1919 Dorris Truck
This 1919 Dorris truck began as a 6-80 touring car and was later converted to a truck. It was used for many years by the Debrecht market and grocery store in St. Louis. The truck has a six-cylinder engine and 80 horsepower and was purchased new for $5,400.
This Dorris truck is owned by the St. Louis Museum of Transportation and was recently conserved.
After leaving the St. Louis Motor Carriage Company in 1906, George P. Dorris founded the Dorris Motor Car Company with the financial backing of H. B. Krenning. The automobiles produced from this company were priced close to twice that of the average motorcars of the time, which was reflected in its motto, Built to Last. During this time Dorris continued to strive for excellence in engineering, developing at least 12 new patents for automotive improvements.
The later motto, Built Up to Standard, Not Down to Price, accurately described Dorris’s uncompromising commitment to building quality (Dorris cars were priced over $2,000), not quantity (competitors such as Ford were mass producing cars for under $400). However, this contributed to the company’s slow decline, and by 1916 the company remained in business with only the truck and bus production. By 1924, the Dorris Motor Car Company had dissolved. The following year, Dorris established Dorris Motors Incorporated, a company that focused on buses. However, it lasted only until 1926.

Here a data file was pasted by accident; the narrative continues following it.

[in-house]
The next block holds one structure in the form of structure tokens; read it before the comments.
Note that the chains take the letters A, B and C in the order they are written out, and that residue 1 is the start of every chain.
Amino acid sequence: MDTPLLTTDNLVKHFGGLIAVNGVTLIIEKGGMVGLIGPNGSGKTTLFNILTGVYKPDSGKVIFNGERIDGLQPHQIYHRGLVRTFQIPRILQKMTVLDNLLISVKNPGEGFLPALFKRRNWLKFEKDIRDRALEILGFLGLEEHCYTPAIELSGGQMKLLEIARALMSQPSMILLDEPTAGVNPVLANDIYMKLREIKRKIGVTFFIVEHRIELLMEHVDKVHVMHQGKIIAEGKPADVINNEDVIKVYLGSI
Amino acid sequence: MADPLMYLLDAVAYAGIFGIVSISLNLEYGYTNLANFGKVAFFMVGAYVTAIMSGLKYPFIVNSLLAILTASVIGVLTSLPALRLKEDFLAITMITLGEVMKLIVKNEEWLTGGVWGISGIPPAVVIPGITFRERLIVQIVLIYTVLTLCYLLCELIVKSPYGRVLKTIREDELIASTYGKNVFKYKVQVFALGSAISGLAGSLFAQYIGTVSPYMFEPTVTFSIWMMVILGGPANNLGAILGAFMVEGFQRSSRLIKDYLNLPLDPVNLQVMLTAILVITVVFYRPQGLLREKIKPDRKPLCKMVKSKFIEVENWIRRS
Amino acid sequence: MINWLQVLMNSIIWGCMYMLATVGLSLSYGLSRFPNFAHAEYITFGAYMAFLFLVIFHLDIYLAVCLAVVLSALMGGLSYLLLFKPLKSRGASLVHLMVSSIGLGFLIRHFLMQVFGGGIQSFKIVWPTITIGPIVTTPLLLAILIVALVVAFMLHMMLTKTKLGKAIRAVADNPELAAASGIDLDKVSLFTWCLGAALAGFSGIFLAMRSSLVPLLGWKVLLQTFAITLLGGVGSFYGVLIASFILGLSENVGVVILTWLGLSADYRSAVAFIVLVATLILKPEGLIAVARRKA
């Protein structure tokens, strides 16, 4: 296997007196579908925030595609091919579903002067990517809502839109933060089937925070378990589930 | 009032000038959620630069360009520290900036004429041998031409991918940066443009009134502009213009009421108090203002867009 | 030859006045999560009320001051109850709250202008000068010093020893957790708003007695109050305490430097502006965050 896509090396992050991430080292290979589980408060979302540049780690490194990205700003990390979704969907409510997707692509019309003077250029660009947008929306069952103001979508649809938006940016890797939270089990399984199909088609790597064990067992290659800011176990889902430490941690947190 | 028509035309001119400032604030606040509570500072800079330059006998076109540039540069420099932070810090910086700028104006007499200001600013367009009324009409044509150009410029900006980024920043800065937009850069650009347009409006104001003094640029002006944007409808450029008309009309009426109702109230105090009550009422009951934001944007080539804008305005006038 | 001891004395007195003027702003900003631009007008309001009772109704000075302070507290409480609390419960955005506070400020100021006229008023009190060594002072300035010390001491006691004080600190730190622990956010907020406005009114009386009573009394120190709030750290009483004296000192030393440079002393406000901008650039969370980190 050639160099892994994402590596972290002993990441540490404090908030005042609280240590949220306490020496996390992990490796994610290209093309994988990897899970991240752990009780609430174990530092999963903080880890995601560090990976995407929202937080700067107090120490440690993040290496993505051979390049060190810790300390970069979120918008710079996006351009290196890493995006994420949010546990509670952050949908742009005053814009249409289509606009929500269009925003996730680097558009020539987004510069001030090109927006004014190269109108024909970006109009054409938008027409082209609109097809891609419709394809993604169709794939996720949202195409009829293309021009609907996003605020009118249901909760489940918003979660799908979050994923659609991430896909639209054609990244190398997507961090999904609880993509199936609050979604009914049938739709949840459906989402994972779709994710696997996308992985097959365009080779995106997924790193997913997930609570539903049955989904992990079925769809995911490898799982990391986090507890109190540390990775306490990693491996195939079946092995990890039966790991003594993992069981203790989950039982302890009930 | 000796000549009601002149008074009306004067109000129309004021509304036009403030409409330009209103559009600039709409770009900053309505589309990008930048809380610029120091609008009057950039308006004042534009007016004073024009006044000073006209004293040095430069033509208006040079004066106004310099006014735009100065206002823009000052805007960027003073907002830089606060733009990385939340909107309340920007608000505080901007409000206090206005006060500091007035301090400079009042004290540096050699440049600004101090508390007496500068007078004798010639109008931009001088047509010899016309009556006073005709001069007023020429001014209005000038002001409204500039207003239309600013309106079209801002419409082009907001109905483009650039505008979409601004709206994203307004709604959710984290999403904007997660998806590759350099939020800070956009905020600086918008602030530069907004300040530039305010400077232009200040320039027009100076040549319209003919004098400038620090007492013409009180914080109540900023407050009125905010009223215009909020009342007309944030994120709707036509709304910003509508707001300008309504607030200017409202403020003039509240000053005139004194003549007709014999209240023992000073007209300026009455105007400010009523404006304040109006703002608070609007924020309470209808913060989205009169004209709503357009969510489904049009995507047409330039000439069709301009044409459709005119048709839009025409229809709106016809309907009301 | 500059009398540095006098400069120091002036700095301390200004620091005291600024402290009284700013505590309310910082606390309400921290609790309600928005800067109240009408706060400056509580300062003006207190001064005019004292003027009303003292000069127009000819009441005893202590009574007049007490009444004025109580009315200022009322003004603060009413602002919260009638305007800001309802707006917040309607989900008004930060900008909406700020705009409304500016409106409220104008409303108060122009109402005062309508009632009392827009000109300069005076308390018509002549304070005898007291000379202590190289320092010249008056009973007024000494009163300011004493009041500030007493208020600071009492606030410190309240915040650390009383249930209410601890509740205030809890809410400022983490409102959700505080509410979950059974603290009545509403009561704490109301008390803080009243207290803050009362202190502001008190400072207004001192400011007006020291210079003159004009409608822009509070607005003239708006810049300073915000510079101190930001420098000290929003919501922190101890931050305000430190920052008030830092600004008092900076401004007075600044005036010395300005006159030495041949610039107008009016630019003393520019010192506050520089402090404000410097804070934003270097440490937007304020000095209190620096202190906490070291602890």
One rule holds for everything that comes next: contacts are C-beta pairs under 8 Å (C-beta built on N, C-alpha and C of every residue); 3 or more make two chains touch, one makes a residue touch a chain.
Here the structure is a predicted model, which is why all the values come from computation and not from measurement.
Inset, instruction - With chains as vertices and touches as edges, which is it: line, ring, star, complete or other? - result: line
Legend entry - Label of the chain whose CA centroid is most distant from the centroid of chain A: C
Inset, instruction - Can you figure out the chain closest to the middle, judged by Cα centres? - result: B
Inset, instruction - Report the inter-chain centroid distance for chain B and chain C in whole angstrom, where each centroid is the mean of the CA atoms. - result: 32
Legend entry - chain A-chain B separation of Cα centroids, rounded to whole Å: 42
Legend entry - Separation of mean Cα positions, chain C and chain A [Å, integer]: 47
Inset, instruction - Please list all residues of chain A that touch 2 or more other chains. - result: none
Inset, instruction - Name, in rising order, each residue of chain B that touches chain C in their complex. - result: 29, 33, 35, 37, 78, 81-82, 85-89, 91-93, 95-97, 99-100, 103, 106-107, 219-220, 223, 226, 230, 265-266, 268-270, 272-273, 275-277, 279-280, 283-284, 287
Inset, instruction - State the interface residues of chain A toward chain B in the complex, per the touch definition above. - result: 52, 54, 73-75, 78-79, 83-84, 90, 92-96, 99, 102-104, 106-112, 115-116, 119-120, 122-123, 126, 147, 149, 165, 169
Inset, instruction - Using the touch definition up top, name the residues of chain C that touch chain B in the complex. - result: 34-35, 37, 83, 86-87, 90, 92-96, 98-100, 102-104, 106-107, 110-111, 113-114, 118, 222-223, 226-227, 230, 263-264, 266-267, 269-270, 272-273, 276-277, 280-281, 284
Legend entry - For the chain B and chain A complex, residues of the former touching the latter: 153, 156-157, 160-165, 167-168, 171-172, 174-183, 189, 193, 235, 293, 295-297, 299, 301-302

Dorris Motor Company Trucks
In 1911 the Dorris Motor Car Company started a campaign to promote Dorris trucks. The campaign was successful, and many St. Louis companies purchased the trucks for their businesses, including the St. Louis Post Dispatch, which bought 16 one-ton trucks. Between 1923 and 1926, Dorris also focused on buses, primarily building engines and chassis for buses that carried 18–29 people.
Dorris Motor Company Cars
George Dorris believed in simplicity and the elimination of wasteful expenses. Many companies offered style changes each year on their vehicles, but Dorris believed this to be financially draining. Therefore, he offered the same engine in his vehicles (with only slight improvements or modifications over time) and the same chassis with different body styles over many years. Although many parts didn’t change, his vehicles still remained classic and stylish. In total, Dorris produced approximately 3,100 cars and 900 trucks in its lifetime.
The previous text is from http://www.mohistory.org/exhibits/ShiftingGears/exhibition/artingenuity/dorrismotor.html